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Thu Sep 22, 2022, 09:51 PM

Rehydrating garlic powder?

I've got several batches of garlic powder that have absorbed moisture and hardend into blocks/chunks.

What is the best way to rehydrate this? Oil? Water? Hot oil? Hot water?

I'm sure some here have run into this issue, right?

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Arrow 27 replies Author Time Post
Reply Rehydrating garlic powder? (Original post)
intrepidity Sep 22 OP
Ptah Sep 22 #1
intrepidity Sep 22 #2
Warpy Sep 23 #5
intrepidity Sep 23 #13
Warpy Sep 23 #22
intrepidity Sep 23 #24
Warpy Sep 23 #26
Phoenix61 Sep 22 #3
intrepidity Sep 23 #12
Old Crank Sep 22 #4
Ptah Sep 23 #7
intrepidity Sep 23 #15
live love laugh Sep 23 #6
intrepidity Sep 23 #16
nilram Sep 23 #8
intrepidity Sep 23 #11
Kali Sep 23 #9
intrepidity Sep 23 #10
Kali Sep 23 #17
intrepidity Sep 23 #19
intrepidity Sep 23 #20
Kali Sep 23 #21
intrepidity Sep 23 #23
nilram Sep 23 #27
hippywife Sep 23 #14
intrepidity Sep 23 #18
Trailrider1951 Sep 23 #25

Response to intrepidity (Original post)

Thu Sep 22, 2022, 09:56 PM

1. I'd try a coffee grinder.

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Response to Ptah (Reply #1)

Thu Sep 22, 2022, 09:58 PM

2. Good call, actually.

But still hoping others will weigh in on other methods.

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Response to Ptah (Reply #1)

Fri Sep 23, 2022, 12:34 AM

5. Same, or a mortar and pestle or custard cup and end of a knife, or blender

Breaking it up when it gets damp is likely the problem, it tends to settle into a miniature hockey puck in wet climates. Breaking it up and back into a powder is what needs to be done. Just drying it in a slow oven won't work, although it will smell like a slice of heaven. You'll just get a somewhat lighter and toasted hockey puck.

I don't have that problem here in the desert. I did have it back in Mass.

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Response to Warpy (Reply #5)

Fri Sep 23, 2022, 02:49 PM

13. Yeah, it is definitely a moisture issue here under the redwood canopy

I don't so much mind that it clumped (even with dessicants in the jar)--just wanted to know the best solvent to get it into a homogeneous slurry quickly and easily, with the least equipment involved. See my post below for more.

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Response to intrepidity (Reply #13)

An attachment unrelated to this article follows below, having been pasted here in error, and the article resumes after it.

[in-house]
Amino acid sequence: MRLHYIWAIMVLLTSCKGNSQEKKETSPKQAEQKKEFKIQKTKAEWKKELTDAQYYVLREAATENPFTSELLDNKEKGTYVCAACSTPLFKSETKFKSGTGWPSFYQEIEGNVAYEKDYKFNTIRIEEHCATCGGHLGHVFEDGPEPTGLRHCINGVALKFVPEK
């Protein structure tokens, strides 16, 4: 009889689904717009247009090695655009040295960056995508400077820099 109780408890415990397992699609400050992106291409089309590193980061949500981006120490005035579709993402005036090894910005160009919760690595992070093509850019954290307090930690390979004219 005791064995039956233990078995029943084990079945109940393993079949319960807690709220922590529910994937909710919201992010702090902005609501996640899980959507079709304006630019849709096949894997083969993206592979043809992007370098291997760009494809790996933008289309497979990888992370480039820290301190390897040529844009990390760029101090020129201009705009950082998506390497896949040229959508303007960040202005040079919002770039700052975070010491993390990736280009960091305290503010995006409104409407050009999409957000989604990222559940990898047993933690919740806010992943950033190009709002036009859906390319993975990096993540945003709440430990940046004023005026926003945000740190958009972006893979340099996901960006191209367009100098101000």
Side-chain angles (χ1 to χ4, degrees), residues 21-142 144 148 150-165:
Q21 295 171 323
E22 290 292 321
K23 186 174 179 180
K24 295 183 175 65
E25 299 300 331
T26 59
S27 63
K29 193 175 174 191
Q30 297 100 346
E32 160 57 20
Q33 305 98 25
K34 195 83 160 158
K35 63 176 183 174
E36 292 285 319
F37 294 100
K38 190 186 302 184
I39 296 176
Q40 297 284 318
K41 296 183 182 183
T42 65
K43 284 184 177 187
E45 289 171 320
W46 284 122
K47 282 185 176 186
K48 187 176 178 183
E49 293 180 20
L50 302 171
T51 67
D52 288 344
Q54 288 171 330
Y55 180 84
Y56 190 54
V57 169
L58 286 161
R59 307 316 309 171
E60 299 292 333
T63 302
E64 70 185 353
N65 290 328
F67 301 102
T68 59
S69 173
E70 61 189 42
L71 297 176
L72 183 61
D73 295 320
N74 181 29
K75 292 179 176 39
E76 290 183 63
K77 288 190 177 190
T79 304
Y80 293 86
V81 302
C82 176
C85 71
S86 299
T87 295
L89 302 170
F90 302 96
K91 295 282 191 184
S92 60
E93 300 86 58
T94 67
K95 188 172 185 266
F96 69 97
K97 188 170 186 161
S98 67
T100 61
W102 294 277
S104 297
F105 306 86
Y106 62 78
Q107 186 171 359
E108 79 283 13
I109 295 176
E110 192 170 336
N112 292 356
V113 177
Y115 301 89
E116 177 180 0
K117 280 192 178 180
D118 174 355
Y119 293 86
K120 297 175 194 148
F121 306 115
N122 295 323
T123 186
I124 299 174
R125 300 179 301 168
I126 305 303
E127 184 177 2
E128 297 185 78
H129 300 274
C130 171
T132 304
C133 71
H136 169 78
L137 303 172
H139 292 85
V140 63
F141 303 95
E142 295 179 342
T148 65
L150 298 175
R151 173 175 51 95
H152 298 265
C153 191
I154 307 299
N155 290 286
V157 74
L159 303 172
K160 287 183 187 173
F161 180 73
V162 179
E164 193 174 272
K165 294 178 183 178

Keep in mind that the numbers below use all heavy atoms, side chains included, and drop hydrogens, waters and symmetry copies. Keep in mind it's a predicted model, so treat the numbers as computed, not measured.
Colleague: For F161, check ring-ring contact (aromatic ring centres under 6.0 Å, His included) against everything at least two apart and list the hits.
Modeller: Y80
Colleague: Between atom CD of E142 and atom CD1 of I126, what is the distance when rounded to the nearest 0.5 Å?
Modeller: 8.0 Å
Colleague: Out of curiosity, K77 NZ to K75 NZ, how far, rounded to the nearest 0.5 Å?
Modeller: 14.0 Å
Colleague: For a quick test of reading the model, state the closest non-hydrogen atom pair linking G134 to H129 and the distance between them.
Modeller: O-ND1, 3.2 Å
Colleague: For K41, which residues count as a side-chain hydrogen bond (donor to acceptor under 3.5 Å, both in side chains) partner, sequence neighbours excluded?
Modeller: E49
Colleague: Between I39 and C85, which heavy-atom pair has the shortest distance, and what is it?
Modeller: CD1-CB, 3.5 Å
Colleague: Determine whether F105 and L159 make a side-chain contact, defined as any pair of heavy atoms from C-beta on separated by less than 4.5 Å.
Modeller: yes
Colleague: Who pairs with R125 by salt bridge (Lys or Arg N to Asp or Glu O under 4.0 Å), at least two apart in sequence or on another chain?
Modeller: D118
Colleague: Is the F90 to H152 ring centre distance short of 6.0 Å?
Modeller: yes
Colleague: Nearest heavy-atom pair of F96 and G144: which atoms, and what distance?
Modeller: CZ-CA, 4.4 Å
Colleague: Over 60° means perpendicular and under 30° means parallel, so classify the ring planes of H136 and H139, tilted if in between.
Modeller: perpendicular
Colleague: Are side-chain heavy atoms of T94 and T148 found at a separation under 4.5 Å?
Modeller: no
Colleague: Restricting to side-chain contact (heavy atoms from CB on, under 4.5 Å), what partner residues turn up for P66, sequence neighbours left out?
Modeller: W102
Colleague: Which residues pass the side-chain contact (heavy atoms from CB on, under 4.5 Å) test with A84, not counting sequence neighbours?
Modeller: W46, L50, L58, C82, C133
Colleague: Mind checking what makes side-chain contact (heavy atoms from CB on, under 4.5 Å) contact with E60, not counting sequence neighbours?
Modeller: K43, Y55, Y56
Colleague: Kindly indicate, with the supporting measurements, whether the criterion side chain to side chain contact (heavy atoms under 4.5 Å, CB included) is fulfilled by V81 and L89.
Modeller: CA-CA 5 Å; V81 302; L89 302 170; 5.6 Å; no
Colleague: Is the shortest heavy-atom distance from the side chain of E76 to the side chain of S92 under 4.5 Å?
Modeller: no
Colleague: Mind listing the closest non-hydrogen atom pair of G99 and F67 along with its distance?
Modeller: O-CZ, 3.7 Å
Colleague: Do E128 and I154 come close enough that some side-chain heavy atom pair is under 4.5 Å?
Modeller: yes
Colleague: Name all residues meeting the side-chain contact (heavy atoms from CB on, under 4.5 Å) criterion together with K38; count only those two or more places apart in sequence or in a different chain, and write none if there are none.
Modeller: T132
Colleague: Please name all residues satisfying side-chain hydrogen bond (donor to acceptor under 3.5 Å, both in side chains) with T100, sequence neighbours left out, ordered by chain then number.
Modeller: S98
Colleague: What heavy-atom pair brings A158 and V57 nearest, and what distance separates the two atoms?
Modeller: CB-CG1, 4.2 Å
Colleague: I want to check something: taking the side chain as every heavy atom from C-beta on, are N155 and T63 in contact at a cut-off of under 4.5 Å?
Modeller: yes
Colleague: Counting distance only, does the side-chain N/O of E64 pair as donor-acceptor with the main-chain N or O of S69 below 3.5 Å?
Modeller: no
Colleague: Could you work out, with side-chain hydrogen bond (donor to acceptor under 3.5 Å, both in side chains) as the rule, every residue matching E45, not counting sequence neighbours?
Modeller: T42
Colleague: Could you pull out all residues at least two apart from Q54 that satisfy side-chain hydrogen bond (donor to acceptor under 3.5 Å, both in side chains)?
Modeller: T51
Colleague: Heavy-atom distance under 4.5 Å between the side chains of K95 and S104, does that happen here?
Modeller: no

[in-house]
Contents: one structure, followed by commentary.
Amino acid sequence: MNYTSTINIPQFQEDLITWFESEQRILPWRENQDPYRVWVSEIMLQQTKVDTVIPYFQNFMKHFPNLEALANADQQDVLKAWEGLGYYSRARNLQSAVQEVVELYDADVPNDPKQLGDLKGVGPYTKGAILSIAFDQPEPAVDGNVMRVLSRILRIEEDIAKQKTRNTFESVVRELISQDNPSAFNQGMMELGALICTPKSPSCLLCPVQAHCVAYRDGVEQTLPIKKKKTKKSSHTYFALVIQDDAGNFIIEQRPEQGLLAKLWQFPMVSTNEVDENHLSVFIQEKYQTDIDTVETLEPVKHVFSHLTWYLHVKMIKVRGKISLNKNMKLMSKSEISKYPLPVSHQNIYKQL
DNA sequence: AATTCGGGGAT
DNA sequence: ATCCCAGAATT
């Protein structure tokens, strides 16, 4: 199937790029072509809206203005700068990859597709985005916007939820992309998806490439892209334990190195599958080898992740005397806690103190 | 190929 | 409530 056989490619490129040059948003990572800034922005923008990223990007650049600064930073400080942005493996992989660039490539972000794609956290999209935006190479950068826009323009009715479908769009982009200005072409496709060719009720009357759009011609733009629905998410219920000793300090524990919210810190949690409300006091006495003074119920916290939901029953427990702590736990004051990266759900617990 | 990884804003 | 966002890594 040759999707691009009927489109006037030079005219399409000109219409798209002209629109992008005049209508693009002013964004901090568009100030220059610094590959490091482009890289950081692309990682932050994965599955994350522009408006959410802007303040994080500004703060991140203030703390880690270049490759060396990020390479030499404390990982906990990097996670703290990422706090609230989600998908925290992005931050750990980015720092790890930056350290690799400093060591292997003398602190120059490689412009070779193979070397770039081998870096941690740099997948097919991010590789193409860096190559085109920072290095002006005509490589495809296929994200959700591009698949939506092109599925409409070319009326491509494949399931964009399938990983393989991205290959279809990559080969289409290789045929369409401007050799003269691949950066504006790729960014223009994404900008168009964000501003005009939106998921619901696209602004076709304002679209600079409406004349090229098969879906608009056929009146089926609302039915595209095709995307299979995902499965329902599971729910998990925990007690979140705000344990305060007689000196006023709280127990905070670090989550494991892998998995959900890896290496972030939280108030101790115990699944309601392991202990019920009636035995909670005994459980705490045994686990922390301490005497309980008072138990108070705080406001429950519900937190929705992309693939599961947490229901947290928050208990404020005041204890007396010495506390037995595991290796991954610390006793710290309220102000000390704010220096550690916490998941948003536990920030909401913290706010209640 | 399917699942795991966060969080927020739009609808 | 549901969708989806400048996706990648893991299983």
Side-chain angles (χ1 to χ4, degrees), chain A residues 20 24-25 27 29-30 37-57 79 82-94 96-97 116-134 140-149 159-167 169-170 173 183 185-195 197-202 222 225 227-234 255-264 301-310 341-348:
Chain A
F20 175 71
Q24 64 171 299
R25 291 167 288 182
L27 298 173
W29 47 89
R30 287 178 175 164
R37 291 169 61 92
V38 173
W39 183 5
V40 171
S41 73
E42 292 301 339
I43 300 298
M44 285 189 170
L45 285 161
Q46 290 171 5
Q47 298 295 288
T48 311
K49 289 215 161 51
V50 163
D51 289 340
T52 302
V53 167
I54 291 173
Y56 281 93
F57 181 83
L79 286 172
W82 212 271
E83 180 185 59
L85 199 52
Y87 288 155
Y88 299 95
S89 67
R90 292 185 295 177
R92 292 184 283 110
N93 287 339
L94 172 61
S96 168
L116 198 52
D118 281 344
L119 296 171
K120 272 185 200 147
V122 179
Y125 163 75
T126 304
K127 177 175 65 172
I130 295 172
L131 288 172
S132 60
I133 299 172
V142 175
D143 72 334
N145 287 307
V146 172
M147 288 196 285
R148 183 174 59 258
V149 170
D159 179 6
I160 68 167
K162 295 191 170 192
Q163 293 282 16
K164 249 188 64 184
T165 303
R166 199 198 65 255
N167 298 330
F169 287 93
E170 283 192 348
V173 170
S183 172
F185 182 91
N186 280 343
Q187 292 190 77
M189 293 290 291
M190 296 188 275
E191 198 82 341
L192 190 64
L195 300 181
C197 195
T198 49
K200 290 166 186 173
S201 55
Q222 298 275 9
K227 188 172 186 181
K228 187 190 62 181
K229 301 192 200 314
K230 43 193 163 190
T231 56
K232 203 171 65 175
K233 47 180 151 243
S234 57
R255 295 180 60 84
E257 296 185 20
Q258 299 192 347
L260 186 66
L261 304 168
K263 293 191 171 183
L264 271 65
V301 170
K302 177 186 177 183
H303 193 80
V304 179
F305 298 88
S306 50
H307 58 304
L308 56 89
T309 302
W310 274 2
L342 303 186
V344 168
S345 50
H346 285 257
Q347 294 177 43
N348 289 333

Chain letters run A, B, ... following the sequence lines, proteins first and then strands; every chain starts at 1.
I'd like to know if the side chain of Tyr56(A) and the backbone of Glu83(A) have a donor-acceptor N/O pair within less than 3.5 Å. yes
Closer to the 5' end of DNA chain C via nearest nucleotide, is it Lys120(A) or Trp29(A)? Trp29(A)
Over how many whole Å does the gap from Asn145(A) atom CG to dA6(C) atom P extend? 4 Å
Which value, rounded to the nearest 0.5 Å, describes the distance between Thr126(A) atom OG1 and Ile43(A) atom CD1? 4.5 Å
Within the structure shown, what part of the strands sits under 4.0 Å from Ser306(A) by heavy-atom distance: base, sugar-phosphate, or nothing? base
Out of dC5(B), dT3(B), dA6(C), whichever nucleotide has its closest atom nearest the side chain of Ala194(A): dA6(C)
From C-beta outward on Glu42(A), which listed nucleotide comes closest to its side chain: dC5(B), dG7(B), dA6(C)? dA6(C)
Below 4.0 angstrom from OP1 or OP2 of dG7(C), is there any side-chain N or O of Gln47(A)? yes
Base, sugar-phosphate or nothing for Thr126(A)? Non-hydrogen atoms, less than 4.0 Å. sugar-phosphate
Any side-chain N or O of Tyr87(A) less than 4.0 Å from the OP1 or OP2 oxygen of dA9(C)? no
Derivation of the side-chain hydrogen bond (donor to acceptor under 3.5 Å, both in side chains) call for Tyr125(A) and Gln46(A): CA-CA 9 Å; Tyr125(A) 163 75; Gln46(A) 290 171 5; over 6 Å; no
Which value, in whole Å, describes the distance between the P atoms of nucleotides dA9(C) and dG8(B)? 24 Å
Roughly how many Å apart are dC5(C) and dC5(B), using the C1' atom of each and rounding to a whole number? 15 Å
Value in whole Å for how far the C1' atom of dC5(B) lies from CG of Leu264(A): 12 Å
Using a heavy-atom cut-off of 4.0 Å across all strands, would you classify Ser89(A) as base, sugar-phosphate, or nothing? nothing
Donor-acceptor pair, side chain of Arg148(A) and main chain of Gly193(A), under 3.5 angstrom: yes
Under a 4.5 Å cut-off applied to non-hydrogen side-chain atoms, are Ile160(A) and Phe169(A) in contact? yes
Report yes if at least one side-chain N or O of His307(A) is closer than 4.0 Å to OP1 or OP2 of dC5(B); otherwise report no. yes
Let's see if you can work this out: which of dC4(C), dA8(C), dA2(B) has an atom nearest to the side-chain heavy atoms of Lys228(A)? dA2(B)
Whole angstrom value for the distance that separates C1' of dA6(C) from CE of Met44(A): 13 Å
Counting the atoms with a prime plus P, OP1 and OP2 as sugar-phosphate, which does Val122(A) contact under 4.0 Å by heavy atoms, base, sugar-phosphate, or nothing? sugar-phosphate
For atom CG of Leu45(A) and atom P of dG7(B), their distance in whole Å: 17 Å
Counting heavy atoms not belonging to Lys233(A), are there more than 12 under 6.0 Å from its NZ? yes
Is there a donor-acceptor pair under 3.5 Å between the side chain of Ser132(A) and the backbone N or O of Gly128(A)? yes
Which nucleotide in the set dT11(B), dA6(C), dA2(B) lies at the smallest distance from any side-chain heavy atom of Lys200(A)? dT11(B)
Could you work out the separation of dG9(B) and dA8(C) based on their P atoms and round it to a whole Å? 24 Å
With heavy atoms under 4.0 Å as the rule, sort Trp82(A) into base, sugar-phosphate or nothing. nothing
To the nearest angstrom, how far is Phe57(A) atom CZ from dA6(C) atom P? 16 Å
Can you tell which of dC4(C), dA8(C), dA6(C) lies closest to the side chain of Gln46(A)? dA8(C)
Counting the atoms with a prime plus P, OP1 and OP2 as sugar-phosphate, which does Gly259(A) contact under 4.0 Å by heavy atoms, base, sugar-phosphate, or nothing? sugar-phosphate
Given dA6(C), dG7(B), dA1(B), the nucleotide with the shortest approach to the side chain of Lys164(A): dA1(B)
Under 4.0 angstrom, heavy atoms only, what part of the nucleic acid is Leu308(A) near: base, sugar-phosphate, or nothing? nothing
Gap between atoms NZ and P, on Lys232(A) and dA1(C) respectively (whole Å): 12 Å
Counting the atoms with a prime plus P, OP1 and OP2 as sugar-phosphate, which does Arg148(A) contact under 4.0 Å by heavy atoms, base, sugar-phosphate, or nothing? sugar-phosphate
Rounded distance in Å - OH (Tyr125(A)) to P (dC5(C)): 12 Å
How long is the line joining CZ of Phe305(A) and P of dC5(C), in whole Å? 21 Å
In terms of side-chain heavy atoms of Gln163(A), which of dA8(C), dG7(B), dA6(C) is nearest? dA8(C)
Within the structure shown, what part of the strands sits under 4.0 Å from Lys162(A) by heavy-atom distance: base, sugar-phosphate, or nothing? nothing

Fri Sep 23, 2022, 03:23 PM

22. I'm afraid you're reduced to chipping it out of the jar

and using elbow grease to pulverize it so it's measurable. Putting it into a plastic freezer bag and whacking it with a rolling pin might work. Or go outside and find a rock.

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Response to Warpy (Reply #22)

Fri Sep 23, 2022, 03:29 PM

24. Why does nothing dissolve it?

Jeez, I'm about to break out the lye and muriatic acid to figure this out! (but, not to consume afterwards, just to learn). Any best guess?

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Response to intrepidity (Reply #24)

Fri Sep 23, 2022, 04:09 PM

26. Anything that dissolves it will take a lot of time

diromg which the garlic will turn into something that smells so bad you'll throw the jar out.

It's not going to take that much work, honestly. Just do it.

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Response to intrepidity (Original post)

Thu Sep 22, 2022, 10:11 PM

3. Microwave it for a few seconds and it will unclump. nt

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Response to Phoenix61 (Reply #3)

Fri Sep 23, 2022, 02:45 PM

12. Tried that. It went from rock hard to somewhat more pliable

but still in a mass, and just about to burn. It may have worked if I did it on low over time, but I was in a rush.

But it made the kitchen smell great!

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Response to intrepidity (Original post)

Thu Sep 22, 2022, 11:57 PM

4. The only issue with using a coffee grinder

Is that you may end up with a garlic flavor in your coffee for a while. The same with usingbit to grind other spices.

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Response to Old Crank (Reply #4)

Fri Sep 23, 2022, 01:27 AM

7. Coffee flavored garlic is good stuff.

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Response to Old Crank (Reply #4)

Fri Sep 23, 2022, 02:54 PM

15. Hah, my issue was my coffee grinder was still harboring the remnants of a prior experiment

and I didn't want to take the time to clean it thoroughly.

It's even possible that it was a prior garlic-powder-clump adventure, now that I'm thinking of it....

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Response to intrepidity (Original post)

Fri Sep 23, 2022, 01:06 AM

6. Onion powder clumped and I used the grinder

and washed out as much as possible leaving a slight onion smell. I donít think itíll harm the coffee.

Most importantly is I put the newly ground powder back in the shaker bottle and then into the freezer.

I read that the reason for clumping is often storing susceptible spices near heat or moisture producing sources like a steamy stove and moisture is absorbed by some spices.

I found that even after grinding the powder clumped again but it has been fine since being in the freezer.

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Response to live love laugh (Reply #6)

Fri Sep 23, 2022, 02:55 PM

16. I will try that with some new batches, thanks.

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Response to intrepidity (Original post)

Fri Sep 23, 2022, 01:39 AM

8. Maybe a food dryer or very, very low oven.